Defying illiteracy, 420 women floriculturists from Kotha Reddypalem and Patha Reddypalem villages in Machilipatnam have proved that they can be successful entrepreneurs

Flower sellers from two villages have turned successful women entrepreneurs-cum-farmers by engaging in floriculture - right from growing flower-bearing plants to marketing the flowers.

About 420 women from Kotha Reddypalem and Patha Reddypalem villages in Machilipatnam mandal to grow different kinds of flowers in their backyards. Finding a way to tap the market, they started growing flower-bearing plants in every available piece of land in their villages. “Middlemen in the market try to cheat us. So, we sell the flowers on the streets and roadsides in Machilipatnam,” says B. Padmavathi, an illiterate woman who grows half-a-dozen varieties of flowering plants in her seven cents of the land. “The lowest profit on a field of five cents is Rs. 6,000 to 7,000 per month, irrespective of the season,” Ms. Padmavathi tells The Hindu. Flowers such as firecrackers, Arabian Nights and plump varieties of jasmine and other winter varieties, are grown in the fields less than 15 cents.”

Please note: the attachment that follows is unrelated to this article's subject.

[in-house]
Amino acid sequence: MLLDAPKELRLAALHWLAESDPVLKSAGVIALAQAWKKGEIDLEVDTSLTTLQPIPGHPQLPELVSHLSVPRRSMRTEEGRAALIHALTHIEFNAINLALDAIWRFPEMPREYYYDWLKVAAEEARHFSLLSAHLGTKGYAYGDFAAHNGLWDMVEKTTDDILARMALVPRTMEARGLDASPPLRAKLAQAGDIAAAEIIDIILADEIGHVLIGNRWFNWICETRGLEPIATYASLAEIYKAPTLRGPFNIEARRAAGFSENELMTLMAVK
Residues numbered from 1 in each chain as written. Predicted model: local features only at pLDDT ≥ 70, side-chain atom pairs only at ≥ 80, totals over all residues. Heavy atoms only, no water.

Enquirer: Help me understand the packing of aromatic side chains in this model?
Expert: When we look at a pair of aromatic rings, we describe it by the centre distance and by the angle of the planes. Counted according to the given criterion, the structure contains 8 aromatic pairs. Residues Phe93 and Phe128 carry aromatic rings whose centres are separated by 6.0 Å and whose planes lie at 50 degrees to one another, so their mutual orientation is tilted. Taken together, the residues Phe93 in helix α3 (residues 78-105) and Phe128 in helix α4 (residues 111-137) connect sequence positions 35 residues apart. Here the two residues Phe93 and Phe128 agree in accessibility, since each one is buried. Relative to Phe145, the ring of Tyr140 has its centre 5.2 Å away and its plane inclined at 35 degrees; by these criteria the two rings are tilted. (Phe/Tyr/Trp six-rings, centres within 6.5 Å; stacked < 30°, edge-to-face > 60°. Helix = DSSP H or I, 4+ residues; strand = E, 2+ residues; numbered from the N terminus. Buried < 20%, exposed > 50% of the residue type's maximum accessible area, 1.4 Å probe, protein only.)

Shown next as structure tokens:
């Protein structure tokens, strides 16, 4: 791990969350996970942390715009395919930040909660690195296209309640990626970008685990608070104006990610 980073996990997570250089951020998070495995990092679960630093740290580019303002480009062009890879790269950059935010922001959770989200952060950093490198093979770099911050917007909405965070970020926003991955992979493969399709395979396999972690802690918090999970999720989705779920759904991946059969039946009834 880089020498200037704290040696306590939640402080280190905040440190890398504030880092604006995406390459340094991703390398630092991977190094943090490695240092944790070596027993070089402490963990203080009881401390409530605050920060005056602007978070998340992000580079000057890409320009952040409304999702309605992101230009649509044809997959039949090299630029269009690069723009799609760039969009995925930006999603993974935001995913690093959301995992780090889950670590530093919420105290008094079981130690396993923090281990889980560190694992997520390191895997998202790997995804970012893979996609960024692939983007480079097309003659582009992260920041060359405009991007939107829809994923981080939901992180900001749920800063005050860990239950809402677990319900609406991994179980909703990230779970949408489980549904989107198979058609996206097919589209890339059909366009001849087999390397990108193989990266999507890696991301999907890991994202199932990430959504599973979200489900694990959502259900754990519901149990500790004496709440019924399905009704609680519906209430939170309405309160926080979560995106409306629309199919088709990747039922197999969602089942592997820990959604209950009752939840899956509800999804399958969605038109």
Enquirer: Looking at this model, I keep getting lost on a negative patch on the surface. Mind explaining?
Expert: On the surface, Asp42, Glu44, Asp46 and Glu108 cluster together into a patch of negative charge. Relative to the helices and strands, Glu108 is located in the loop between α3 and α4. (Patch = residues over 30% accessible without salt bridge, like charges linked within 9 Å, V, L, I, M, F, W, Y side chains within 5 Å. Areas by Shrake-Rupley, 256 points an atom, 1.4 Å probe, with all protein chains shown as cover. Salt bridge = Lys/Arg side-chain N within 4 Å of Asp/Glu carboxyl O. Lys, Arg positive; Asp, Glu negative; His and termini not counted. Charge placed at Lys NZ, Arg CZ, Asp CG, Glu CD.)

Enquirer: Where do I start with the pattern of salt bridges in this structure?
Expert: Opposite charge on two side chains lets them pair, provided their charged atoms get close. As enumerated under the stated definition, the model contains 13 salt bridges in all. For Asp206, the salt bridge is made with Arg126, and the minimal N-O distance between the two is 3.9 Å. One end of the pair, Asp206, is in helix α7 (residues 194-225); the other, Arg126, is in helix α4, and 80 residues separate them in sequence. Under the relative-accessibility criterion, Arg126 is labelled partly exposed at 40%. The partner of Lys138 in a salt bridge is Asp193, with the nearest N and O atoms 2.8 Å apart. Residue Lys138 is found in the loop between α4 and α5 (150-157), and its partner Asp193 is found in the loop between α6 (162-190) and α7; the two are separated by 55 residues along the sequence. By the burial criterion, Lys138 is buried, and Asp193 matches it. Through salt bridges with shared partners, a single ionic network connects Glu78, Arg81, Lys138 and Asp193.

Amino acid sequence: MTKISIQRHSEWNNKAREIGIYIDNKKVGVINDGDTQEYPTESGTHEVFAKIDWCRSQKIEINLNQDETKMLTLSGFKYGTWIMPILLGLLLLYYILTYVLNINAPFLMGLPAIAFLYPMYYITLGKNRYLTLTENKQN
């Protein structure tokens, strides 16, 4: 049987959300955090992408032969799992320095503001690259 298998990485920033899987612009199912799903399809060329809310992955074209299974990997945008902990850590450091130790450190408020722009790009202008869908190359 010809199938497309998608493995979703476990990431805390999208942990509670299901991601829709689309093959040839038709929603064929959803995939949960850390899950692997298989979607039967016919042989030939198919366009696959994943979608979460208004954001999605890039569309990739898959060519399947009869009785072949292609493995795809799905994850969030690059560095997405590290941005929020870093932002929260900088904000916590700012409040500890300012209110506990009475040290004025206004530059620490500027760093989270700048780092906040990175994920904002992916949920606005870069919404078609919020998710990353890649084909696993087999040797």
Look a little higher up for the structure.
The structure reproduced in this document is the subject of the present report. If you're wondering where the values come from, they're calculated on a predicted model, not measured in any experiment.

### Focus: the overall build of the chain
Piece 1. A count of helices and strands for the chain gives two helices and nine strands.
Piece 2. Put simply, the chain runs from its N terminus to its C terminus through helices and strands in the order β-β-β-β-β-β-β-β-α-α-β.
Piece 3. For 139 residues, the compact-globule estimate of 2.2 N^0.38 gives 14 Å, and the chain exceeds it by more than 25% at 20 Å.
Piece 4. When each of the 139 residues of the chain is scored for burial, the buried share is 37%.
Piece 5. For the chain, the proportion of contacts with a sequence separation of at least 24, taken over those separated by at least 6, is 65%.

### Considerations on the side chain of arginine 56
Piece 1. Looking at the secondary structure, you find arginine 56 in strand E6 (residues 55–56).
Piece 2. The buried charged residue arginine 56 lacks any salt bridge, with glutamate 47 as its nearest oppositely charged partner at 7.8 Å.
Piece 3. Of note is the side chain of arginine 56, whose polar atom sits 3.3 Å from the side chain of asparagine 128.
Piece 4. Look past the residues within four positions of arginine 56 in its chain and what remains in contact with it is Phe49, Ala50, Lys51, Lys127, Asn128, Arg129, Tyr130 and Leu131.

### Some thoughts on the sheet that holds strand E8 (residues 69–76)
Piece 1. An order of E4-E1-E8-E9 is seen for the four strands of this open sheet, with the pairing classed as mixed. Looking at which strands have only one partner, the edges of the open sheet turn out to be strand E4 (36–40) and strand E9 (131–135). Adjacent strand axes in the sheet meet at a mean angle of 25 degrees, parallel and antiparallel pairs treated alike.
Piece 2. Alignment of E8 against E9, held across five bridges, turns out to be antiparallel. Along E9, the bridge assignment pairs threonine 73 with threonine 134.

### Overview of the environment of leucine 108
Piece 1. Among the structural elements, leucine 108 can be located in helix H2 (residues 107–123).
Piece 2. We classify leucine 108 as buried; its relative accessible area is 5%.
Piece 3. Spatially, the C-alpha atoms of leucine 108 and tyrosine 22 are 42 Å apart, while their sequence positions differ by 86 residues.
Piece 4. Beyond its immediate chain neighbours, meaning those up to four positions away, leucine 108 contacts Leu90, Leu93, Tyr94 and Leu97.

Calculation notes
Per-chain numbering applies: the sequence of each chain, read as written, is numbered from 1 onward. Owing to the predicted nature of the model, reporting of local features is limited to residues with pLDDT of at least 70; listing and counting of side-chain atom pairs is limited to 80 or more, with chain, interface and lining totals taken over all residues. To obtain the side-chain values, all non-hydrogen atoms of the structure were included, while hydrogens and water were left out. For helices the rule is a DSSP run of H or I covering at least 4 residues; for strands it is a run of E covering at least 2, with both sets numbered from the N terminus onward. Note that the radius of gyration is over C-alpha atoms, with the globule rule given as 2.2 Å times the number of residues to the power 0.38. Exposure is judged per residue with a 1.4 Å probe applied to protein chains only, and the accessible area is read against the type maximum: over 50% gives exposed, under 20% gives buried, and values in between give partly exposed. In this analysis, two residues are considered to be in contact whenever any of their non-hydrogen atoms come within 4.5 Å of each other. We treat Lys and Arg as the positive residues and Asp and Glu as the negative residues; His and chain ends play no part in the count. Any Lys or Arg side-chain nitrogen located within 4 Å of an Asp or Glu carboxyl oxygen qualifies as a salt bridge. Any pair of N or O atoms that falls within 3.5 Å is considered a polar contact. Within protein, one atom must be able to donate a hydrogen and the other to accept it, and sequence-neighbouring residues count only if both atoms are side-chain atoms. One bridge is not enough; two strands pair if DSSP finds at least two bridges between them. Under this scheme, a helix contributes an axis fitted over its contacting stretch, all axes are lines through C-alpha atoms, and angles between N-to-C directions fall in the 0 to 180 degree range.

The entrepreneurs’ day starts with plucking of flowers, making garlands, and receiving new orders. “We often have to wait till 10 p.m. in the market till all the flowers are sold out,” says B. Venkateswaramma, who earns Rs. 1,200 on any given day, whether summer or winter. There are several tenant farmers and most of them experiment with growing new varieties of plants on their sandy soil. Men are only asked to dig puddles for water accumulation in the field. These puddles are the only source of water to irrigate the plants, even in mid-summer.

The first generation flower seller-turned-entrepreneur M. Nagamalleswaramma has her single-day transaction touching Rs. 60,000 even when the marketing is dull. She says: “I import decorative flowers and rose varieties from Banglore to meet the demand.”

“The successful rural folks are now adopting new marketing strategies as they have learnt a few technical aspects in floriculture and yield management” says V. Suresh, director of Nestham, an NGO.